Deciding on a hybrid-electric vehicle

Choosing the right powertrain technology has never been more of a challenge for fleet managers

December 14, 2011
by Gerry Frechette

Purchasingb2b October 2011 print edition: Fleet Management

Choosing the right powertrain technology has never been more of a challenge for fleet managers. There are so many options out there in all vehicle classes below large highway tractors that it is hard to keep up with the latest developments.

But of one thing we can be sure—somewhere there is something that represents the best combination of lower life-cycle costs overcoming its initial increased cost, compared to the typical gasoline-powered car or truck.

Other than diesel, hybrid-electrics have become the new technology most in demand by fleet managers. But, there are several different versions of hybrids available, and one still has to look closely at costs. The entry level is the mild hybrid whose electric motors “assist” the gasoline engine and shut it down at rest, and they are a “lowest cost for lowest benefit” proposition.

The hybrid systems that allow the motor to drive the car without the engine are well-known (think Toyota Prius), but even that first-generation system with nickel-metal hydride batteries is becoming “old” in a hurry, as new developments in batteries are changing the game.

At last, the lithium-ion battery is ready for prime time, and most new hybrids launched in the last year have them. They pack more energy into a smaller package, provide more assist to the gasoline engine with highway fuel consumption figures better than 5.0 litres per 100 km, which used to be the exclusive preserve of diesels, along with the low city consumption that has always been the hybrid’s strength.

Plug-in hybrids are being launched for 2012, and they promise the ability to drive further on just electric power before the gasoline engine comes into use. Of course, this technology brings up the entire issue of plugging in to the electrical grid. This isn’t a consideration with a regular hybrid, and it brings new costs, including the charging infrastructure. For the fleet manager, this is an entirely new calculation.

Extended range EV
There is one slight variation in plug-in technology available right now in the Chevrolet Volt. Yes, it has an electric motor, and lithium-ion batteries that can be charged by plugging them into the grid, but it is not a hybrid. Rather, it is an Extended Range Electric Vehicle, because its on-board internal combustion engine is not connected to the wheels (except in one specific high-speed situation); its job is just to charge the batteries, which, in normal driving from a full charge, happens in about 70 to 80km.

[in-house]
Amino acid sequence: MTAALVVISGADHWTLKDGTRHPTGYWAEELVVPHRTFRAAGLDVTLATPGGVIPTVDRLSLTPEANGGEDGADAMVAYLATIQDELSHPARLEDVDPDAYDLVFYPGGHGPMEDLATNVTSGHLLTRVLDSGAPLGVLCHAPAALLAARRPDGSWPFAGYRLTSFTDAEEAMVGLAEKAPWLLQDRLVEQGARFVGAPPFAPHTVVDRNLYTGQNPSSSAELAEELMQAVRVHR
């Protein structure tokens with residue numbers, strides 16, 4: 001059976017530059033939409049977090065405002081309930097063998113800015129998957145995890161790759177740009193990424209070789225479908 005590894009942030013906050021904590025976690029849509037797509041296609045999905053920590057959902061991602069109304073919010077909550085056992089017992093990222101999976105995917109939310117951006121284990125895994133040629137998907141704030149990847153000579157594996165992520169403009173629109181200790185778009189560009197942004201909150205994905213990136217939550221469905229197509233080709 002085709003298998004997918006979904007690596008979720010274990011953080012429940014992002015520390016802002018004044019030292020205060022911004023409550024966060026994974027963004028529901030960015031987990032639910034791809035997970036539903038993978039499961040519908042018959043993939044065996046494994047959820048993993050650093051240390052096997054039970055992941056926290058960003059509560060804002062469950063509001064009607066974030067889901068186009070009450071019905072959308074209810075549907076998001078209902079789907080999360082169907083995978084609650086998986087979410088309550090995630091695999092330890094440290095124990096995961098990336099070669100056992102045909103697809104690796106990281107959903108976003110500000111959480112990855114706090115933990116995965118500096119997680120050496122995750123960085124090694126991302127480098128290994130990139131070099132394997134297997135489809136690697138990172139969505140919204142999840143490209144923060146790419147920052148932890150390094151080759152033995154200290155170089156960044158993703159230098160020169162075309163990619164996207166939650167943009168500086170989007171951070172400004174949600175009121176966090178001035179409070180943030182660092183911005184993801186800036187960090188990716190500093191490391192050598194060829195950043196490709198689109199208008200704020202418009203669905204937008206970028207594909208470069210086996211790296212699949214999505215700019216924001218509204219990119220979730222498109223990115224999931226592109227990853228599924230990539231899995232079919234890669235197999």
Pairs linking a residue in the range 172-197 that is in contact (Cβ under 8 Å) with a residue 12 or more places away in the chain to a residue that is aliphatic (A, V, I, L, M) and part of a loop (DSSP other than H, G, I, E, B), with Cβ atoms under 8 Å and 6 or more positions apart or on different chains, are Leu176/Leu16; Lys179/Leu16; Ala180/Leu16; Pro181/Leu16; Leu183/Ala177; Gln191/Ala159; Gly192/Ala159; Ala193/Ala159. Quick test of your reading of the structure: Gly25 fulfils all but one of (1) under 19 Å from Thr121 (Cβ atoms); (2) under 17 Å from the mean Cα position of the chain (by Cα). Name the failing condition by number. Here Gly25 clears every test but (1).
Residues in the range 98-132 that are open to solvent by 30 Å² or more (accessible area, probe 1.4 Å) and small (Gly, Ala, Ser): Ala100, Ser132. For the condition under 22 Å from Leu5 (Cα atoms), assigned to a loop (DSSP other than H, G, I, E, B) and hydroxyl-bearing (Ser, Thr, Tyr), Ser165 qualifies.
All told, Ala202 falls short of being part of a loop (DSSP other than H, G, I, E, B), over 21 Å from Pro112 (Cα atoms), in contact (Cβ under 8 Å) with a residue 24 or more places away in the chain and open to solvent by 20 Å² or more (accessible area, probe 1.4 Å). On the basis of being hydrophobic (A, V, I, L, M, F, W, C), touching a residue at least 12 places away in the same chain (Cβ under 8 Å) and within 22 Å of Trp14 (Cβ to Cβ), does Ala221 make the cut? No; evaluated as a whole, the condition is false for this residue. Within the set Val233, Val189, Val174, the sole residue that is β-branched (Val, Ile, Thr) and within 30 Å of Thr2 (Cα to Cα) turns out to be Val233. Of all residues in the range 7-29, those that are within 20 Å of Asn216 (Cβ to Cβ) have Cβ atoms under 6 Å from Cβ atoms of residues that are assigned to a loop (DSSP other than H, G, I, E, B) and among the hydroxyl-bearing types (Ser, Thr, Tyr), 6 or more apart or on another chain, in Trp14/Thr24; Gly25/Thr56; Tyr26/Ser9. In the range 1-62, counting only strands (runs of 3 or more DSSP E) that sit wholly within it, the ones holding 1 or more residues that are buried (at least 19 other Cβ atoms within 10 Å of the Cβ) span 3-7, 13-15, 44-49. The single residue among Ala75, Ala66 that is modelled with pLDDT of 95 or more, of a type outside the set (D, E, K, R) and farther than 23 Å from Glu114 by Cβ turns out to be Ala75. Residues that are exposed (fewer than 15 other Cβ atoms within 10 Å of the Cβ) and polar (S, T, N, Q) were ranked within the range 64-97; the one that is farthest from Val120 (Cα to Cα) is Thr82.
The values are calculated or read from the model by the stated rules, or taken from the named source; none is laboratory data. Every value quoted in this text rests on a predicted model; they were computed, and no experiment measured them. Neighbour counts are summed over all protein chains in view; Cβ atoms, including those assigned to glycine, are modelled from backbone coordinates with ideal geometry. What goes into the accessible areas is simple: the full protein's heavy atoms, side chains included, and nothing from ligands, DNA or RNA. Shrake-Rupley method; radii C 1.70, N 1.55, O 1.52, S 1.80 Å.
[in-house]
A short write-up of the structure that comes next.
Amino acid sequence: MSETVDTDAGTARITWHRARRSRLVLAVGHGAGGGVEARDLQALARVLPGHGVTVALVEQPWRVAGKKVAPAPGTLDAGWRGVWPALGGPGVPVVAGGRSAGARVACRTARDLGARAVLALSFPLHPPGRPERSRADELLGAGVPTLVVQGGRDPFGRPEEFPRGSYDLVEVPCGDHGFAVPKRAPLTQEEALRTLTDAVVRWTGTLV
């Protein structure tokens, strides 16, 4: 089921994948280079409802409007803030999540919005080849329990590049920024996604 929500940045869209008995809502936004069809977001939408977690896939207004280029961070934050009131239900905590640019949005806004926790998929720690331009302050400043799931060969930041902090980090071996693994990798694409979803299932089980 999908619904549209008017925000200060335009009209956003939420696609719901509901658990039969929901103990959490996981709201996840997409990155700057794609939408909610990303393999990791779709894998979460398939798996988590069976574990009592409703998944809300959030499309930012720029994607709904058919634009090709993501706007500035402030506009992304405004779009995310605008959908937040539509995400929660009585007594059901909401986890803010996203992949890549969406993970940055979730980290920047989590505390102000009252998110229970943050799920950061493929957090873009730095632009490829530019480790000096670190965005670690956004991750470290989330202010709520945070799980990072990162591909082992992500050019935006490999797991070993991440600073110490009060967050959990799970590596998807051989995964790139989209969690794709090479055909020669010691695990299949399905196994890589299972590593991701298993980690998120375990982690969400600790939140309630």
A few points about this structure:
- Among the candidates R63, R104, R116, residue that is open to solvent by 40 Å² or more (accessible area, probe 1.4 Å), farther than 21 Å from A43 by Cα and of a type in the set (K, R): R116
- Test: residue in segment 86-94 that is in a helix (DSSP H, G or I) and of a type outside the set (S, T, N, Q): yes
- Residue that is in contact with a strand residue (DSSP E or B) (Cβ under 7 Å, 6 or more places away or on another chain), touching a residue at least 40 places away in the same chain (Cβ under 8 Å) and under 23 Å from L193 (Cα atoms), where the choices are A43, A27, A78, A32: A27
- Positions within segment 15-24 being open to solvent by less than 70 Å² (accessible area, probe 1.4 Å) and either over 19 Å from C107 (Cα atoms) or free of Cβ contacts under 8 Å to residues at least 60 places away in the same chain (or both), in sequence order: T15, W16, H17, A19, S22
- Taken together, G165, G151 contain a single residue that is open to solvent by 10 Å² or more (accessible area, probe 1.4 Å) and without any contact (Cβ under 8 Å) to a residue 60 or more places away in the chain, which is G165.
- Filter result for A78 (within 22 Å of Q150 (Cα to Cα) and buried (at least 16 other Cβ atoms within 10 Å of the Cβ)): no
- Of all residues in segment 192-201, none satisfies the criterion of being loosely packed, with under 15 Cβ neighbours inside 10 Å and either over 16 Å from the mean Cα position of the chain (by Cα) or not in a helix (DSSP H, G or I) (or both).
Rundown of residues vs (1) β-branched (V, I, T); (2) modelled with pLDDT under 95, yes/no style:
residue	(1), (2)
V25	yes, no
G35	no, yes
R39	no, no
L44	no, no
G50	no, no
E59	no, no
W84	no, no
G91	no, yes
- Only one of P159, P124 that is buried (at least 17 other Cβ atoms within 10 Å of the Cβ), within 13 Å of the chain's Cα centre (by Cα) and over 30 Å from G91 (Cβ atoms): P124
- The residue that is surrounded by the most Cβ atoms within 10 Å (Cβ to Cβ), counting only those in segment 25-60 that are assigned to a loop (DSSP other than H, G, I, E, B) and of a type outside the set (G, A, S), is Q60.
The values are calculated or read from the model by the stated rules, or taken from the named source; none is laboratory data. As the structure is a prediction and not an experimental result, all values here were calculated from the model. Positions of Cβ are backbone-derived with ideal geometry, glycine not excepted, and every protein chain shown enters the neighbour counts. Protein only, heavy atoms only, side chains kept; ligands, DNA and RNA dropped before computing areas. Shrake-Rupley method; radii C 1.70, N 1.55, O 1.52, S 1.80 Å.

Completing the spectrum is the full-electric, with no engine at all. These are now reaching the market in a big way. It is for these vehicles that the term “range anxiety” was coined, but if the normal day of driving falls within the vehicle’s operating range on a full charge, then full electrics are an answer to getting away from fuel costs entirely.

There are two fuels in abundance that are adaptable to a number of different engine technologies, but which are not yet ready for prime time. Hydrogen, of course, is in the air we breathe and is the waste byproduct of a number of industrial processes. However, there is very little delivery infrastructure yet, as the oil companies seem reluctant to participate. If it were available, we might now be talking about hydrogen fuel cell cars as the technology is essentially production-ready.

And then there is natural gas. North America is awash in the stuff, and it can be used to power both gasoline and diesel engines, but there are still environmental concerns with its full-scale extraction from the ground. When those concerns, and others, are resolved, we may not have to worry anymore about the cost or availability of gasoline as a motor fuel.

Indeterminate costs
But for now we do, and hybrid or electric vehicles should be on your radar. However, recent studies show that some two-thirds of fleet managers do not yet plan to move in that direction. The main reason cited is that the long-term costs are indeterminate. While the battery systems in hybrids are typically warranted for ten years, and there have been no reports of mass failures, the jury is still out on their long-term reliability and cost of replacement.

Other factors you might consider relate to the charging of the batteries in a plug-in or electric. Are charging stations available when and where you would need one? If not, how much would it cost to build one on your site? And, how long would it take to charge a vehicle’s battery from dead to fully charged, all the while having the vehicle unavailable?

The new technologies engender a new level of cost-benefit calculation, but not everything is measurable. The fleet manager has to determine if the costs and benefits that can be calculated—plus the intangible benefits like corporate green image and environmental responsibility—warrant taking the plunge into hybrid-electric vehicles.              b2b